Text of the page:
GOOD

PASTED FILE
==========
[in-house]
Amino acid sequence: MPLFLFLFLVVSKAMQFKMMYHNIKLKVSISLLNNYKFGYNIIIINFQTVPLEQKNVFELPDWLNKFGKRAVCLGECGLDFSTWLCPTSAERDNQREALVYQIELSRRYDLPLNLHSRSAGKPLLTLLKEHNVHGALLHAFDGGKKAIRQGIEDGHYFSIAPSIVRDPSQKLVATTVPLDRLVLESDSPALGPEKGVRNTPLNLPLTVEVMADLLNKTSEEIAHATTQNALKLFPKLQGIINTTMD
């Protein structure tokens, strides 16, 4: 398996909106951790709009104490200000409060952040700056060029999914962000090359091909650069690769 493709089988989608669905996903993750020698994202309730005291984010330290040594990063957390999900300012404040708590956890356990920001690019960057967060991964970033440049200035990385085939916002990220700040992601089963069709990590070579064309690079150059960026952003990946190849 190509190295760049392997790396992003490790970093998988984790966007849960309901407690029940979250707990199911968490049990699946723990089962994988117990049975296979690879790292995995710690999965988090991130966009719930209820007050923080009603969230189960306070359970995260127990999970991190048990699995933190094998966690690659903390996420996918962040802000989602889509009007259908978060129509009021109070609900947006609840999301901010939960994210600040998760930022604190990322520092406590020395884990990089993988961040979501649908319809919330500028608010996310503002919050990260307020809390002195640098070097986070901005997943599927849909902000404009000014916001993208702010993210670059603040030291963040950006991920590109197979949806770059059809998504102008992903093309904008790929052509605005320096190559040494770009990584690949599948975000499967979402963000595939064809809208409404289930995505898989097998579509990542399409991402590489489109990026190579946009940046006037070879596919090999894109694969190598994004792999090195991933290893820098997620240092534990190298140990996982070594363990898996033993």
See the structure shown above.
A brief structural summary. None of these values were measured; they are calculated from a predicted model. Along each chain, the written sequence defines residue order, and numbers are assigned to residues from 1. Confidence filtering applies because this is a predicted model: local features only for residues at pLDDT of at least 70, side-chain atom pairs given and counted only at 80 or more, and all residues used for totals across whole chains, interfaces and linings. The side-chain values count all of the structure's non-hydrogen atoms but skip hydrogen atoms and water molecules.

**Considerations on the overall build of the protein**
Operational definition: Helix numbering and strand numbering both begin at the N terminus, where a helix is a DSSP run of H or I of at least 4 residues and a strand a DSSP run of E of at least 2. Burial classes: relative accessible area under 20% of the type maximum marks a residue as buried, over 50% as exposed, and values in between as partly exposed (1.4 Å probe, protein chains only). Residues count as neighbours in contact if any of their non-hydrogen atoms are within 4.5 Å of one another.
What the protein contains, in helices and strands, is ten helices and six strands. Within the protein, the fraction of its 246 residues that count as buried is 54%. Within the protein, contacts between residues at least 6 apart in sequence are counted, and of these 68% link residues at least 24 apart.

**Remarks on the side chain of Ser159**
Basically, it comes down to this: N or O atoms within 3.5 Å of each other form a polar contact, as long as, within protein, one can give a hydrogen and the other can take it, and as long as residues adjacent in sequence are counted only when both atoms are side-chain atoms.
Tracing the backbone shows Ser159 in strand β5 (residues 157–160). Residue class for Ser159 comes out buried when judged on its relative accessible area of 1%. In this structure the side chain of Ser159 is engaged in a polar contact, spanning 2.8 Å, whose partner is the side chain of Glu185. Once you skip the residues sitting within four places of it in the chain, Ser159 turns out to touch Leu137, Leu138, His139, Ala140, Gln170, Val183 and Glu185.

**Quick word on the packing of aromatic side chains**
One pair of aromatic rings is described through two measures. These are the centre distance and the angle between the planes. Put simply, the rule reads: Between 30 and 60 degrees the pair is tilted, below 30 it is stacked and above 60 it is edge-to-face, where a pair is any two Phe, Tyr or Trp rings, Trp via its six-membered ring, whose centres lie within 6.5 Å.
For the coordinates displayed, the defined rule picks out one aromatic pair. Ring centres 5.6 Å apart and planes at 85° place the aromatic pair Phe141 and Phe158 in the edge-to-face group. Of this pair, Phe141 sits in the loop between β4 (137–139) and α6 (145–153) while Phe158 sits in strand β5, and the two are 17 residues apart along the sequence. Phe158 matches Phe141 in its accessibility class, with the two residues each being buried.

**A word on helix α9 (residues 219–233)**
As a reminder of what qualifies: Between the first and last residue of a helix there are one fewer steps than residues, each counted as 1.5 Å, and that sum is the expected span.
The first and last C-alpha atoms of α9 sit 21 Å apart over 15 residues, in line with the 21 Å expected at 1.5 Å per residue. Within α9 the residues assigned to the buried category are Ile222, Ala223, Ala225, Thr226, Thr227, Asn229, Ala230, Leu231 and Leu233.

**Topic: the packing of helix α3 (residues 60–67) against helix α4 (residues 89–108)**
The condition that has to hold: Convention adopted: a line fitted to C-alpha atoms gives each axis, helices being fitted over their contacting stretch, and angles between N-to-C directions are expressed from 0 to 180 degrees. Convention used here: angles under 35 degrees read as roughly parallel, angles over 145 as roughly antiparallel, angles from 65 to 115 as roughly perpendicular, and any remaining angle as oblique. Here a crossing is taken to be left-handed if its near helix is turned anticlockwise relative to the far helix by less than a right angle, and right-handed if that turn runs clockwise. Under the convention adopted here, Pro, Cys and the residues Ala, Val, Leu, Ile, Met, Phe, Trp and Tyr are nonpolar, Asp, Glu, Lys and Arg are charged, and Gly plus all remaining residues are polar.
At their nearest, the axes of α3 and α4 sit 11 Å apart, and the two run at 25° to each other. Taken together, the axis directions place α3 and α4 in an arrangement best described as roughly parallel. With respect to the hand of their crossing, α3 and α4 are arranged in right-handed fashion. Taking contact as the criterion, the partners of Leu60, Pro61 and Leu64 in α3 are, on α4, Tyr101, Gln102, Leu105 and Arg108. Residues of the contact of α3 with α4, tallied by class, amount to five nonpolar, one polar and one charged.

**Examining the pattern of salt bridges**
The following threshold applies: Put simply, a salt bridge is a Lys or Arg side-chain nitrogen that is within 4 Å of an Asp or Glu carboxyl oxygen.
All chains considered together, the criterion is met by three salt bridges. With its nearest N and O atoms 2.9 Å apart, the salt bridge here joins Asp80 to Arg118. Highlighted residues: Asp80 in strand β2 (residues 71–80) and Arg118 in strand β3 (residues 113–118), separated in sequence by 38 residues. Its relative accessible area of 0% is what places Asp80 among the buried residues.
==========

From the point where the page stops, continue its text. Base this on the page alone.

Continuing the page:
Oh, hey, look: Another study is pointing to the negative side of vegetarianism. It probably isn't worth any ink, but seeing as this is the internet, where the ink comes free, let's take a peek at this new piece in Time. The headline-"Study: Is Vegetarianism a Teen Eating Disorder?"-asks a silly question presumably intended to make parents worry and meat-eaters feel great. The answer is obviously no, but let's look at the logic.Wily teens, says the study, are using broccoli and mungbean sprouts to fool their parents into thinking they're being healthy and saving animals like Lisa Simpson, when really they might just be trying to lose weight. (And then they binge eat.)About the binging: The study says that roughly 20% of the veggies sometimes binge eat, compared with only 5% of those who had always eaten meat. I haven't bought the whole study, so I'm not sure what they mean by binge eating (i.e. a bag of Fritos now and then, or, like, an entire birthday cake once a week?), but I think that's beside the point.The interesting bit is that the numbers are self-reported: Vegetarians, like anyone who follows a restrictive diet, are by design more thoughtful about what they eat. They have to be in order to navigate menus, cook, and eat processed foods-just like people who keep kosher, or have allergies. So it's no wonder that when vegetarians-or people who keep kosher, or have allergies-do eat their hearts out, they're more likely to have given it some thought, and therefore will be more likely to report it. Right?Wait, maybe that's also beside the point. The actual point is that people love coming up with ways to make people question the healthiness of vegetarian diets, despite convincing research that vegetarians have lower risk of heart disease, cancer, diabetes, have smaller carbon footprints, and live longer.And as a most-of-the-time vegetarian who was an all-the-time veg as a teenager, I can say with confidence I didn't go veg to save animals or lose weight. I did it because I thought it was cool.Image via
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